FERPA, or the Family Educational Rights and Privacy Act, established in 1974, often has to be considered when planning to conduct research involving the use of educational records. While FERPA seeks to provide parents or students with the rights to inspect files and request the correction of information as needed, the law also acts to ensure the privacy of student records.
This guarantee of confidentiality of educational records often, by its very nature, has repercussions on those who wish to conduct research on educational practices. While schools can release directory information without explicit consent, all other information is protected.
Student academic records, including tests, journals, written assignments etc., are considered part of the student’s academic record. FERPA requirements apply to investigators conducting research involving academic information even when this information is obtained from their own students.
Those who wish to obtain data from educational records beyond directory information, for the purposes of research, are generally limited to three options:
When planning to conduct research involving educational records, the FERPA exception letter should be submitted to the Institutional Review Board (IRB) along with the IRB application. In most cases involving educational records held by elementary and secondary schools, this letter should come from the school district’s superintendent. The University Registrar is usually the official from whom this letter should come for research involving educational records held by a university. The use of personal, identifiable data for research purposes must always be approved by the IRB prior to the researcher obtaining access to such data.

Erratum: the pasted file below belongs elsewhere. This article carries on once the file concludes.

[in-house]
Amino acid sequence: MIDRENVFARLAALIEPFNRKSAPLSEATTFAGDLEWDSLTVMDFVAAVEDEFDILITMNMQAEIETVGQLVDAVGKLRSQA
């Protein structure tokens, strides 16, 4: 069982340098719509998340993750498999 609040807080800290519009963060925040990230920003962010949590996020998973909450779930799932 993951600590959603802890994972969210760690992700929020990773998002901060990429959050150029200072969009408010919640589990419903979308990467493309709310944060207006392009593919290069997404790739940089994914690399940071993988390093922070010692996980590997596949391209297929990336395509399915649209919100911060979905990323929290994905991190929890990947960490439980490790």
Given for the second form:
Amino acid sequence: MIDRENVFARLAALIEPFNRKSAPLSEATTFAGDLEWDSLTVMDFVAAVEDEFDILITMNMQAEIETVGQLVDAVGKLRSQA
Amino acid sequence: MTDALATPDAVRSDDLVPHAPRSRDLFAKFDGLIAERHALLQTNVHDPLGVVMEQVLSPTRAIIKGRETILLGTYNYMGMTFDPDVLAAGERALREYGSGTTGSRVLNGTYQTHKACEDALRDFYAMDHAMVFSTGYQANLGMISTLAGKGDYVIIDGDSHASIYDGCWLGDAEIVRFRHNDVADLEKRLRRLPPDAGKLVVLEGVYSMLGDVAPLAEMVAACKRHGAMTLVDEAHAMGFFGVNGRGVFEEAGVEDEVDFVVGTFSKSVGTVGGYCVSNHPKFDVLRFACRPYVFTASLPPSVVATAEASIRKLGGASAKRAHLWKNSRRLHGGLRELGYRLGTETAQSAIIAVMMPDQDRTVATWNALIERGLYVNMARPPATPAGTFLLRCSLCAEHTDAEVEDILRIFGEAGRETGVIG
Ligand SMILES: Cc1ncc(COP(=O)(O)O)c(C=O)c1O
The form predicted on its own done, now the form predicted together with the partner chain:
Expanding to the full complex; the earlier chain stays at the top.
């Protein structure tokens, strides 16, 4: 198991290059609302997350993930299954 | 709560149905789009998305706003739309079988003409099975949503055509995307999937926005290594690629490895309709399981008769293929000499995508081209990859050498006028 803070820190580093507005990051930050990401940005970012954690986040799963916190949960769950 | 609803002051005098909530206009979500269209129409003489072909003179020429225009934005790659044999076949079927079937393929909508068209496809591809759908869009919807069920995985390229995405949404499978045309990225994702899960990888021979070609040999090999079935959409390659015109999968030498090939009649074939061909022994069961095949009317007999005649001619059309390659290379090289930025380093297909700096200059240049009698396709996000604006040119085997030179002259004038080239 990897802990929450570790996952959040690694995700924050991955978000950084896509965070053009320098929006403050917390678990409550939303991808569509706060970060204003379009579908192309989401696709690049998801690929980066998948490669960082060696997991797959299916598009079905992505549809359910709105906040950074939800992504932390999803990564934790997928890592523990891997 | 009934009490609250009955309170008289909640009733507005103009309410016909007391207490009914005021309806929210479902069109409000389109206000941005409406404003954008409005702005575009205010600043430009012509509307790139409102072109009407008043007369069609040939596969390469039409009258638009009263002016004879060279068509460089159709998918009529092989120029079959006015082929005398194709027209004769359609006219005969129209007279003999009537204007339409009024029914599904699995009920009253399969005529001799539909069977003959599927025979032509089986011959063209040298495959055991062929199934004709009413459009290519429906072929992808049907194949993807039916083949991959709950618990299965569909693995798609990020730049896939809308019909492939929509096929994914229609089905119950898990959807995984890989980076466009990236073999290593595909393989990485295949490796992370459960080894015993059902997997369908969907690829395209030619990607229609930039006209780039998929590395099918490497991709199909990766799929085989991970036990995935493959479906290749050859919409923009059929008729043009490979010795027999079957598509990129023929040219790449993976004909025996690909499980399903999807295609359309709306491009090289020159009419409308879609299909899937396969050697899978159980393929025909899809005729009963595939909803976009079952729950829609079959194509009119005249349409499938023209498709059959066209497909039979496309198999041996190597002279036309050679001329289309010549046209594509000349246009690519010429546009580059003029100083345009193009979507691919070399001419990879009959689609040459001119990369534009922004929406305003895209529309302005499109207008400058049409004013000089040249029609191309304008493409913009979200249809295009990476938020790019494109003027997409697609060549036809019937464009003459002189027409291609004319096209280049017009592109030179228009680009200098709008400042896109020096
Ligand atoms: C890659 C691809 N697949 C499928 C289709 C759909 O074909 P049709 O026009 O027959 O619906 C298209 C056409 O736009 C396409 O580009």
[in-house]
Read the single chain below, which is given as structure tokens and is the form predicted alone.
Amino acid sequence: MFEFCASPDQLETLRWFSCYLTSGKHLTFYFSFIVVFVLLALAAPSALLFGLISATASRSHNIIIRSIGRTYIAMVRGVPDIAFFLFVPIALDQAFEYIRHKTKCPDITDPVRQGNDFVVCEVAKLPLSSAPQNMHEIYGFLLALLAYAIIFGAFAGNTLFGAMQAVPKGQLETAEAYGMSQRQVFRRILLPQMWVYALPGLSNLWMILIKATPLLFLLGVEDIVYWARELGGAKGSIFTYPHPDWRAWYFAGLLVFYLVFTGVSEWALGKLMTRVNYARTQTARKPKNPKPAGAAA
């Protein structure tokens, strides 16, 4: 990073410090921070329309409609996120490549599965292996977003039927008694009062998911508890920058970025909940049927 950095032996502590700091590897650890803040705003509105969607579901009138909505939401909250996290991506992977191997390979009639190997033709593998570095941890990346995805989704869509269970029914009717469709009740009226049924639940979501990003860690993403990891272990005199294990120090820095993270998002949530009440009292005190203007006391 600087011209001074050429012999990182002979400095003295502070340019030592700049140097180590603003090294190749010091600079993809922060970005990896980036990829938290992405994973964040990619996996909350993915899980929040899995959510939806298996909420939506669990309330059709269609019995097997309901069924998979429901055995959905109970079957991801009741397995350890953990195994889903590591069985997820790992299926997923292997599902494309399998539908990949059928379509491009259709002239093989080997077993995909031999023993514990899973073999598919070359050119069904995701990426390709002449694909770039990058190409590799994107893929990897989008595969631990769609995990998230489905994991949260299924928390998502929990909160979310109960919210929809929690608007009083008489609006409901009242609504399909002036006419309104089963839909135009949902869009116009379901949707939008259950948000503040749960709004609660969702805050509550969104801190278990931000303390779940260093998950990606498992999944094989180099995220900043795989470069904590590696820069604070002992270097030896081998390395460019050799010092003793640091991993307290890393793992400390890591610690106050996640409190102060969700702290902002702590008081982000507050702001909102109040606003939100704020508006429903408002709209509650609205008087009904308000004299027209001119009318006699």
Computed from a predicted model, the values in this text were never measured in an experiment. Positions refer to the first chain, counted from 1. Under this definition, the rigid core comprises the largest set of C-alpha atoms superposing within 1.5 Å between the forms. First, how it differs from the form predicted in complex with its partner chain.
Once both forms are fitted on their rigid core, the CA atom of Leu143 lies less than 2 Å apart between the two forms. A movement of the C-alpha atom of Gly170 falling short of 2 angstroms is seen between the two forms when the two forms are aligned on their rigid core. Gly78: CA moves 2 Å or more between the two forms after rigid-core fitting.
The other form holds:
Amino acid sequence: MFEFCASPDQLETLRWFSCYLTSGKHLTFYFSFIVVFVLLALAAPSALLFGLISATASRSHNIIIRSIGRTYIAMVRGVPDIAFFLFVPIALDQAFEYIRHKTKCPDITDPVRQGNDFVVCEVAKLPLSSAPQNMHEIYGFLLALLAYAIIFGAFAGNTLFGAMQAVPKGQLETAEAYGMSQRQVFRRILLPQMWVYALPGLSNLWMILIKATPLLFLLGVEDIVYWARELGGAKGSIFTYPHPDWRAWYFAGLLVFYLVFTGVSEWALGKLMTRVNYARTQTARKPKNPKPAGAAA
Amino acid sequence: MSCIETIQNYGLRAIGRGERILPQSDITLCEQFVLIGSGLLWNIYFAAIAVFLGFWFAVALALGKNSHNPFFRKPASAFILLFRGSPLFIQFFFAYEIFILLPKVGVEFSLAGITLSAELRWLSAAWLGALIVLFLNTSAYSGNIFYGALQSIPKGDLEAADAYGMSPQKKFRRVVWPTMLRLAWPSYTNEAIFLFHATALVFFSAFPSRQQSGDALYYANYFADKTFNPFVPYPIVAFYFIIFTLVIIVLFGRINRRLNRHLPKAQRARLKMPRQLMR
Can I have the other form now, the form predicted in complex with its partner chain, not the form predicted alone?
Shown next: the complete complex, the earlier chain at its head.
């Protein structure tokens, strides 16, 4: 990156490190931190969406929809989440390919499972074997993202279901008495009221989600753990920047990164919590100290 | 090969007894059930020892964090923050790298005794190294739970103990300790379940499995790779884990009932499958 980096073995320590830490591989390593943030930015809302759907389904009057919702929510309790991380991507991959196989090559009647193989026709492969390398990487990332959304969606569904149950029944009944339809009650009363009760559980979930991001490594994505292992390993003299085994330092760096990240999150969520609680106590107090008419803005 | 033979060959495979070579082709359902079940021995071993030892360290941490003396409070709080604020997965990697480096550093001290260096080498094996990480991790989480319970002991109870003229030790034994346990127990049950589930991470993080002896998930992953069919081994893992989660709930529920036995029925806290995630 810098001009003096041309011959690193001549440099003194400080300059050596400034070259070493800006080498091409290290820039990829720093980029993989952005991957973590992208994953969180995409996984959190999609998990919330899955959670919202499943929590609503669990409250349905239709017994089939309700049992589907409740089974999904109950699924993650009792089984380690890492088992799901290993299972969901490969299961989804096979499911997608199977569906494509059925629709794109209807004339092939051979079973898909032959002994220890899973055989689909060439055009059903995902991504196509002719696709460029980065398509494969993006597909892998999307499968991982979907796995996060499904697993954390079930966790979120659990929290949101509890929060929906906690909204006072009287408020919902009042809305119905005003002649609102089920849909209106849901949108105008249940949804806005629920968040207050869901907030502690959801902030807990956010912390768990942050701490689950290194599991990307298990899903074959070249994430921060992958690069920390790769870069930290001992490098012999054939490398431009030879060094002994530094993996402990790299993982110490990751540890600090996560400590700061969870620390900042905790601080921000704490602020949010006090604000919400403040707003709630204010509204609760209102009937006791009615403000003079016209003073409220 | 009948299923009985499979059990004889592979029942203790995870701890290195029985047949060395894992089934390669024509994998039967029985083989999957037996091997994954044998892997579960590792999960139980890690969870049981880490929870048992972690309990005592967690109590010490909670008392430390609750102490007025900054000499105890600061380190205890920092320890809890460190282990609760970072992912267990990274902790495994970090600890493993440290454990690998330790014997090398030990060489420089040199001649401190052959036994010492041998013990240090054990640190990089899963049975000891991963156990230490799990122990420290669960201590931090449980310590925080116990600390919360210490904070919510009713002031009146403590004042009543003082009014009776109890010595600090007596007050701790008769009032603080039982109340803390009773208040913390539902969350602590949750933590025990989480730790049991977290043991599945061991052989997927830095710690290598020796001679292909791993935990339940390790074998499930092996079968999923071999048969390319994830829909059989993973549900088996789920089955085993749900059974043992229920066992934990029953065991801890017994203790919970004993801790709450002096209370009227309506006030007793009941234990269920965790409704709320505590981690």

Additional information on FERPA may be found at the website of the Department of Education at https://studentprivacy.ed.gov/resources/family-educational-rights-and-privacy-act-regulations-ferpa
For specific questions regarding FERPA and research, please contact Dr. Steelman, the IRB Chairperson.